Obama Legal Vets: FCC Should Not Restore Net Neutrality Rules

Former U.S. solicitor general Donald Verrilli Jr.
Former U.S. solicitor general Donald B. Verrilli Jr. (Image credit: Drew Angerer/Getty Images)

Two former Obama-era solicitors general are arguing the FCC should not restore network neutrality rules eliminated under Republican chair Ajit Pai.

In a new paper co-written by Donald B. Verrilli Jr. and Ian Heath Gershengorn, the veteran legal minds get together to advise that the Federal Communications Commission does not have the authority to reclassify broadband access as a telecommunications service subject to common carrier regulations, specifically nondiscriminatory access regs and that the commission needs to let Congress weigh in.

Democratic FCC chair Jessica Rosenworcel now has a majority in support of restoring those rules, but Verrilli and Gershengorn say that would be the wrong way to go.

While they laud the goal of “enacting core open internet principles so that all consumers

can enjoy free and unimpeded access to lawful internet content of their choosing,” they said if the FCC tries to do so by reclassifying internet access, the Supreme Court will simply overrule it on the grounds that it lacks authority.

According to the “major questions” doctrine that would guide any Supreme Court decision, they say, the FCC would have “clear congressional authorization” and even Congress can't agree on what authority the regulator has under statute.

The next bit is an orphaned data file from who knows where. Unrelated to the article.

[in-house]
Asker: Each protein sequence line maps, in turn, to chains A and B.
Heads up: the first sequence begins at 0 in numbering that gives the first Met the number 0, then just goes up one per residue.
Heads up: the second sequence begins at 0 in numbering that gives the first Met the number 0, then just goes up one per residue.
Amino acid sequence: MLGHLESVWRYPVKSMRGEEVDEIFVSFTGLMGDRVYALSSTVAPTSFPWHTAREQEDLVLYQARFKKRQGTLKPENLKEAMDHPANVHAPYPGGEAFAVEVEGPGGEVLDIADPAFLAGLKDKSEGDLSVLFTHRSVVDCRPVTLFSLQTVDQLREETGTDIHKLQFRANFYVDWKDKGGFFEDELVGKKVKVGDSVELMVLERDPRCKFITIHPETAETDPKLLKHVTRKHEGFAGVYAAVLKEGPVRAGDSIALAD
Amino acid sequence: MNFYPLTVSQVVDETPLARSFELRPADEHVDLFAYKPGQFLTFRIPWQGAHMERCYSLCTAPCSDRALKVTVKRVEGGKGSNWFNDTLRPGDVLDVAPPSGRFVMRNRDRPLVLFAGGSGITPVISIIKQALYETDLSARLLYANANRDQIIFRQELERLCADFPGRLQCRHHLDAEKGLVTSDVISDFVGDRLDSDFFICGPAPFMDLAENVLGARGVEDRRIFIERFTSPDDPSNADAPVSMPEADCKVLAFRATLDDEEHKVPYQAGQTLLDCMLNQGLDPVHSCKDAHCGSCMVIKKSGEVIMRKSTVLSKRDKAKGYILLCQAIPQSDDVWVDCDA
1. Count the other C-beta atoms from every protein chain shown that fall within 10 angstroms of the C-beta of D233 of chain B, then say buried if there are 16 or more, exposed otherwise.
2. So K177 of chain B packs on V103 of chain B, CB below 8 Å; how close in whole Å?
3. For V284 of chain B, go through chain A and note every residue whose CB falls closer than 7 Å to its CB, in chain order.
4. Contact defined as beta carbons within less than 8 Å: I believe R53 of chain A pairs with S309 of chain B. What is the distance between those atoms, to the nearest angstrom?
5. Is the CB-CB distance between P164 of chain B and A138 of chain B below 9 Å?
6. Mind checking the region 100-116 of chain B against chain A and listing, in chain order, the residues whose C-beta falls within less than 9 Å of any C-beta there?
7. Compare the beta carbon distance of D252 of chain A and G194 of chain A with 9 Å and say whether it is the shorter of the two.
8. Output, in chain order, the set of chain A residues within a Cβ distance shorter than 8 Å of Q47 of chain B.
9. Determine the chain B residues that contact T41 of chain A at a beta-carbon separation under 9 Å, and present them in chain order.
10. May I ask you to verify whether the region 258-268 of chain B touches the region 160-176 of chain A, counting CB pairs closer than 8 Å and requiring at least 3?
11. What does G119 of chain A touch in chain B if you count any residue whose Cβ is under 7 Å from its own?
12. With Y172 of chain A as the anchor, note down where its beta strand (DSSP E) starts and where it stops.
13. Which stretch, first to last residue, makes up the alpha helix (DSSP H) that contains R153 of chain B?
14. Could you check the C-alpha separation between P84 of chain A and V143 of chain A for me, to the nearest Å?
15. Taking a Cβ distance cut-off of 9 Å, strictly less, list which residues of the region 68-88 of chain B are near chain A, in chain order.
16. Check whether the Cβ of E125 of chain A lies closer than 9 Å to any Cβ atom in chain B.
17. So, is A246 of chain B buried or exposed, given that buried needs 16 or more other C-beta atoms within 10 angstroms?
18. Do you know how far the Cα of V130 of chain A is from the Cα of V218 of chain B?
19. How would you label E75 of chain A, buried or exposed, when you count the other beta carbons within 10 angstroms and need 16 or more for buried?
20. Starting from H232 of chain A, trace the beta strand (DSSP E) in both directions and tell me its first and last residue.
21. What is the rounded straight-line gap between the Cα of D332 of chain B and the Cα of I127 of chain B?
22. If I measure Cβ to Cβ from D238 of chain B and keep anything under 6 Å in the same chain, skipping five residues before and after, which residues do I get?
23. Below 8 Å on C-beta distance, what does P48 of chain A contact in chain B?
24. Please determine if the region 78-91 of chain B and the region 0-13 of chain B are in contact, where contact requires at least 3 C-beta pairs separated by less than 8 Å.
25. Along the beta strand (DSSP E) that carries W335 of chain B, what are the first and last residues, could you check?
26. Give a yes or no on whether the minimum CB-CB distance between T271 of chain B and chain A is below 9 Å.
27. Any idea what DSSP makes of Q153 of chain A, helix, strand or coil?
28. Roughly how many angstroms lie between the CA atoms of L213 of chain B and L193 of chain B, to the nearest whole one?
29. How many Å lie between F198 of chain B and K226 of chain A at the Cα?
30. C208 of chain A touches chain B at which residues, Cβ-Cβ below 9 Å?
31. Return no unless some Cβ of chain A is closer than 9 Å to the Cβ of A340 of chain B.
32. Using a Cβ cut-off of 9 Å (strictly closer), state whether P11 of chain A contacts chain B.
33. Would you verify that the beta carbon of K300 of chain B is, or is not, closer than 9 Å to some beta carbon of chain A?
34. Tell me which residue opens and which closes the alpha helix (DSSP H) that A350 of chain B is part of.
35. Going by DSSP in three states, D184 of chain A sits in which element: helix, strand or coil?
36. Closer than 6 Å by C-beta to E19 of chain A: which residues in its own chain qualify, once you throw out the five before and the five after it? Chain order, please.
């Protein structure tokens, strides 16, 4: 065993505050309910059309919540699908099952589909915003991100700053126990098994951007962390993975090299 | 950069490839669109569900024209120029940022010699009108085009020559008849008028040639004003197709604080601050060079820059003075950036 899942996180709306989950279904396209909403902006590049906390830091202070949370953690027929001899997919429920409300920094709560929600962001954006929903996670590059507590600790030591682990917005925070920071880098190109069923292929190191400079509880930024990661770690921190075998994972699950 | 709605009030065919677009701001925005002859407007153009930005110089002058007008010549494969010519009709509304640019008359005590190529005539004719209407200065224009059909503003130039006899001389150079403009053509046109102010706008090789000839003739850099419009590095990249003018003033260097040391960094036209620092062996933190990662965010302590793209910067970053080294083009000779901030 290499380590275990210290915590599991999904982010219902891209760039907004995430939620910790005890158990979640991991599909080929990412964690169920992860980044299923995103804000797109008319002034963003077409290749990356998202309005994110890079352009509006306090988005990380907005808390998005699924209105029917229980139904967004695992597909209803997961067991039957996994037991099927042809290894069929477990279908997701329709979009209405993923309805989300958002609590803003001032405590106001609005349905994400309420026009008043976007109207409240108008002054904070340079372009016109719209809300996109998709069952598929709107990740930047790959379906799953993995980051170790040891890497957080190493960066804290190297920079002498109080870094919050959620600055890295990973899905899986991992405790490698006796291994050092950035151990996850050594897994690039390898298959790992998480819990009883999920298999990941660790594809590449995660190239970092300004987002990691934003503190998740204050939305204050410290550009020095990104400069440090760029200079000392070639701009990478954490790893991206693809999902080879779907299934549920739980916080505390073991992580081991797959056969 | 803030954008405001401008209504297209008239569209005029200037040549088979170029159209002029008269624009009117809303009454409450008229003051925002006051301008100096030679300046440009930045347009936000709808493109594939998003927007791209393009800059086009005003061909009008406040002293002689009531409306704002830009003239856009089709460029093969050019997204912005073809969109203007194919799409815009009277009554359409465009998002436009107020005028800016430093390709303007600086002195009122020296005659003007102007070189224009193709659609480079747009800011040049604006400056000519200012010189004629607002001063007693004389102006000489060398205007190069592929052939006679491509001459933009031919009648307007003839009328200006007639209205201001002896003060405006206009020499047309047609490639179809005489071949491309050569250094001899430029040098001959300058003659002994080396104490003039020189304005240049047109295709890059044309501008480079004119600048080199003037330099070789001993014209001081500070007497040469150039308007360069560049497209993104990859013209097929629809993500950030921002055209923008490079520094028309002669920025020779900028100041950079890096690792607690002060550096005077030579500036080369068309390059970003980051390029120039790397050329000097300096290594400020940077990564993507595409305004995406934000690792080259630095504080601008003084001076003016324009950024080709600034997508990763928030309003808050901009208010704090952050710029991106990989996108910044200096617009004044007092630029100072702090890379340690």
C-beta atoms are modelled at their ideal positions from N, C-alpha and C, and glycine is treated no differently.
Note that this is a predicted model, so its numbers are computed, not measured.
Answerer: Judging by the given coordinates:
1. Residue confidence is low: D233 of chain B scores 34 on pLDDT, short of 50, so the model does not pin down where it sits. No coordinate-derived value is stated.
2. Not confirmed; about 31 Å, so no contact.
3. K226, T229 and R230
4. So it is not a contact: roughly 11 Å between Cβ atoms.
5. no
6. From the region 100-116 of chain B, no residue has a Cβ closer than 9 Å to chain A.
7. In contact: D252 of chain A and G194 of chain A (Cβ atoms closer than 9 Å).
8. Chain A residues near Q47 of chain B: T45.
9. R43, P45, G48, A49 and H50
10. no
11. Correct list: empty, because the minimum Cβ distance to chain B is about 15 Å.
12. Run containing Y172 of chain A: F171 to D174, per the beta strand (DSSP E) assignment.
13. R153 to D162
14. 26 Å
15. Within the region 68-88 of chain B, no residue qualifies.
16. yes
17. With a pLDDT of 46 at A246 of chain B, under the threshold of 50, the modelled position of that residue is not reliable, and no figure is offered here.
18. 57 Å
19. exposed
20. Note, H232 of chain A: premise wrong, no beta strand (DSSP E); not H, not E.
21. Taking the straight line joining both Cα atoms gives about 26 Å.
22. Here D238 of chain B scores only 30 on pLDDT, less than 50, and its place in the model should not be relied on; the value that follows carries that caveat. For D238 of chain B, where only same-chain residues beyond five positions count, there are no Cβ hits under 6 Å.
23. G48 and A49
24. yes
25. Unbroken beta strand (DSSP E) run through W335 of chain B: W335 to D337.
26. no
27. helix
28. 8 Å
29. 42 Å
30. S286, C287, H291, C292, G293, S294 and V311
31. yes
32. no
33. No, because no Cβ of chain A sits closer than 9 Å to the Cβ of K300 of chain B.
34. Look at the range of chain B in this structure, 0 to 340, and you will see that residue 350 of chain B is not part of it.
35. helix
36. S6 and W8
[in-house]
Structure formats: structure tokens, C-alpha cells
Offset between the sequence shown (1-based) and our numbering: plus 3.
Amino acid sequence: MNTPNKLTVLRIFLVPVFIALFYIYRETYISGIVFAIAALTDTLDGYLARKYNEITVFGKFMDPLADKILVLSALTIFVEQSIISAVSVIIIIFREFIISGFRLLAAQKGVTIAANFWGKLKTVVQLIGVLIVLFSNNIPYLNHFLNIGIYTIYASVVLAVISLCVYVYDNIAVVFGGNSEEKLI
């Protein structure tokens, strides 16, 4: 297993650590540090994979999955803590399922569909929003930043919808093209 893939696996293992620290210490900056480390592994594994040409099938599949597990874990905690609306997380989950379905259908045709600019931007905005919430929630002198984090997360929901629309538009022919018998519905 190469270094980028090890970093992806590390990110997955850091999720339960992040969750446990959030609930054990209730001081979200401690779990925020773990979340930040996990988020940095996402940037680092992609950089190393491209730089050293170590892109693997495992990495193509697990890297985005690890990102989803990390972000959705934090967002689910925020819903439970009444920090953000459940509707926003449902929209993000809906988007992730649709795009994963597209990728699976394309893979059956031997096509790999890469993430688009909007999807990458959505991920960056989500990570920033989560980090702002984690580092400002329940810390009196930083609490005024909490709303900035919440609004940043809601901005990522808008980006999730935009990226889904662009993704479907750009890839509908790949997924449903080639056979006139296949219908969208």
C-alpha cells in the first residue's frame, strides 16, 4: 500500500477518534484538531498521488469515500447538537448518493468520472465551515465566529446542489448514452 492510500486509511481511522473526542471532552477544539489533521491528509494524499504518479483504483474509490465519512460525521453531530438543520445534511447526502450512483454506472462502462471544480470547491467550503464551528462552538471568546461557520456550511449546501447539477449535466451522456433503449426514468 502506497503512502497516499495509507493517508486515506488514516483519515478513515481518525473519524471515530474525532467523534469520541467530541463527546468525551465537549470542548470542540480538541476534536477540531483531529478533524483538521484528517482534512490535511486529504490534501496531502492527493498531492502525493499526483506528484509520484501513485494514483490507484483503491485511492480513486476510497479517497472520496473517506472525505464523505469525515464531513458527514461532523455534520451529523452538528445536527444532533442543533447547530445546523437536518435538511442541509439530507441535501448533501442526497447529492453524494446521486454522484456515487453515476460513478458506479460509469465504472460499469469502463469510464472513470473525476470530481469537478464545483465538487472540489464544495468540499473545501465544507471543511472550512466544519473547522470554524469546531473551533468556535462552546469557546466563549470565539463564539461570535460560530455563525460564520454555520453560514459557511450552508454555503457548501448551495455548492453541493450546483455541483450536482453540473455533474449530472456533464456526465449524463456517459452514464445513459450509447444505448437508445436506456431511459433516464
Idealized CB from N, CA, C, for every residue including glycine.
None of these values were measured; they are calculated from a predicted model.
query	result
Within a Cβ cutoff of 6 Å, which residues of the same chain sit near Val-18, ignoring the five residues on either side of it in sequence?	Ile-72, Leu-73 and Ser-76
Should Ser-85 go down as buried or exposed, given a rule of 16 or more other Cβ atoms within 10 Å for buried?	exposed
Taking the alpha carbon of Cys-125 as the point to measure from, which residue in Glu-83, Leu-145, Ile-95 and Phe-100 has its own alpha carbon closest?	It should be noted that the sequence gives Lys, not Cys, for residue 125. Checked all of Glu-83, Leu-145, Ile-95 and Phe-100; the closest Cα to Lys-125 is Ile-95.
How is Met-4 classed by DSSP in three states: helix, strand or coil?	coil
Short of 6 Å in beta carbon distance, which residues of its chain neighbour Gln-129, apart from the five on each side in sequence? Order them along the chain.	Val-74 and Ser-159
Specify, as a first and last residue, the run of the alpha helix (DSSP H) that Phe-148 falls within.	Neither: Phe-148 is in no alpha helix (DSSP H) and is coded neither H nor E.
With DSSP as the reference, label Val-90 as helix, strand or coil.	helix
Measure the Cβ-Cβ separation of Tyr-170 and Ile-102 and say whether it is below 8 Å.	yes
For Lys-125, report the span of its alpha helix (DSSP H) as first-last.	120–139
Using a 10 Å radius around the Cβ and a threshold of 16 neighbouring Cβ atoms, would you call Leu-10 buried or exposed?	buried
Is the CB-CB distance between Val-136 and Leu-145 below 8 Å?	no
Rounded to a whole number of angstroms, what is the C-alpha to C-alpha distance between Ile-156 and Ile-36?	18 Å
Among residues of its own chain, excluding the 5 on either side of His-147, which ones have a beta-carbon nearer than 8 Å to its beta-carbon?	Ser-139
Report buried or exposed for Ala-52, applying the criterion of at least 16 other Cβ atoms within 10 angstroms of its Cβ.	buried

“Nothing in Title II of the Communications Act itself or in any other statute gives the Commission the clear and unambiguous authority to classify broadband as a Title II telecommunications service subject to common carrier regulation, and the Commission cannot reasonably conclude otherwise,” they wrote.

“Any attempt by the Commission to impose such broad regulatory requirements under current statutes would be struck down by the Supreme Court,” Verrilli and Gershengorn wrote. “And the contentious litigation leading to that inevitable result would waste countless resources for the government, industry, and the public, while distracting all parties from more promising efforts, such as obtaining congressional action to resolve these important issues.”

Given that, they said, the FCC “should not go down that path.”

Some could argue that regulating internet-service providers as some kind of online gatekeeper is fighting the last war, though ISPs would say they have never been the enemy when it comes to access to content.

Edge providers have taken over as the major target of Congress over the issue of the power of Big Tech to affect access to communications.

John Eggerton

Contributing editor John Eggerton has been an editor and/or writer on media regulation, legislation and policy for over four decades, including covering the FCC, FTC, Congress, the major media trade associations, and the federal courts. In addition to Multichannel News and Broadcasting + Cable, his work has appeared in Radio World, TV Technology, TV Fax, This Week in Consumer Electronics, Variety and the Encyclopedia Britannica.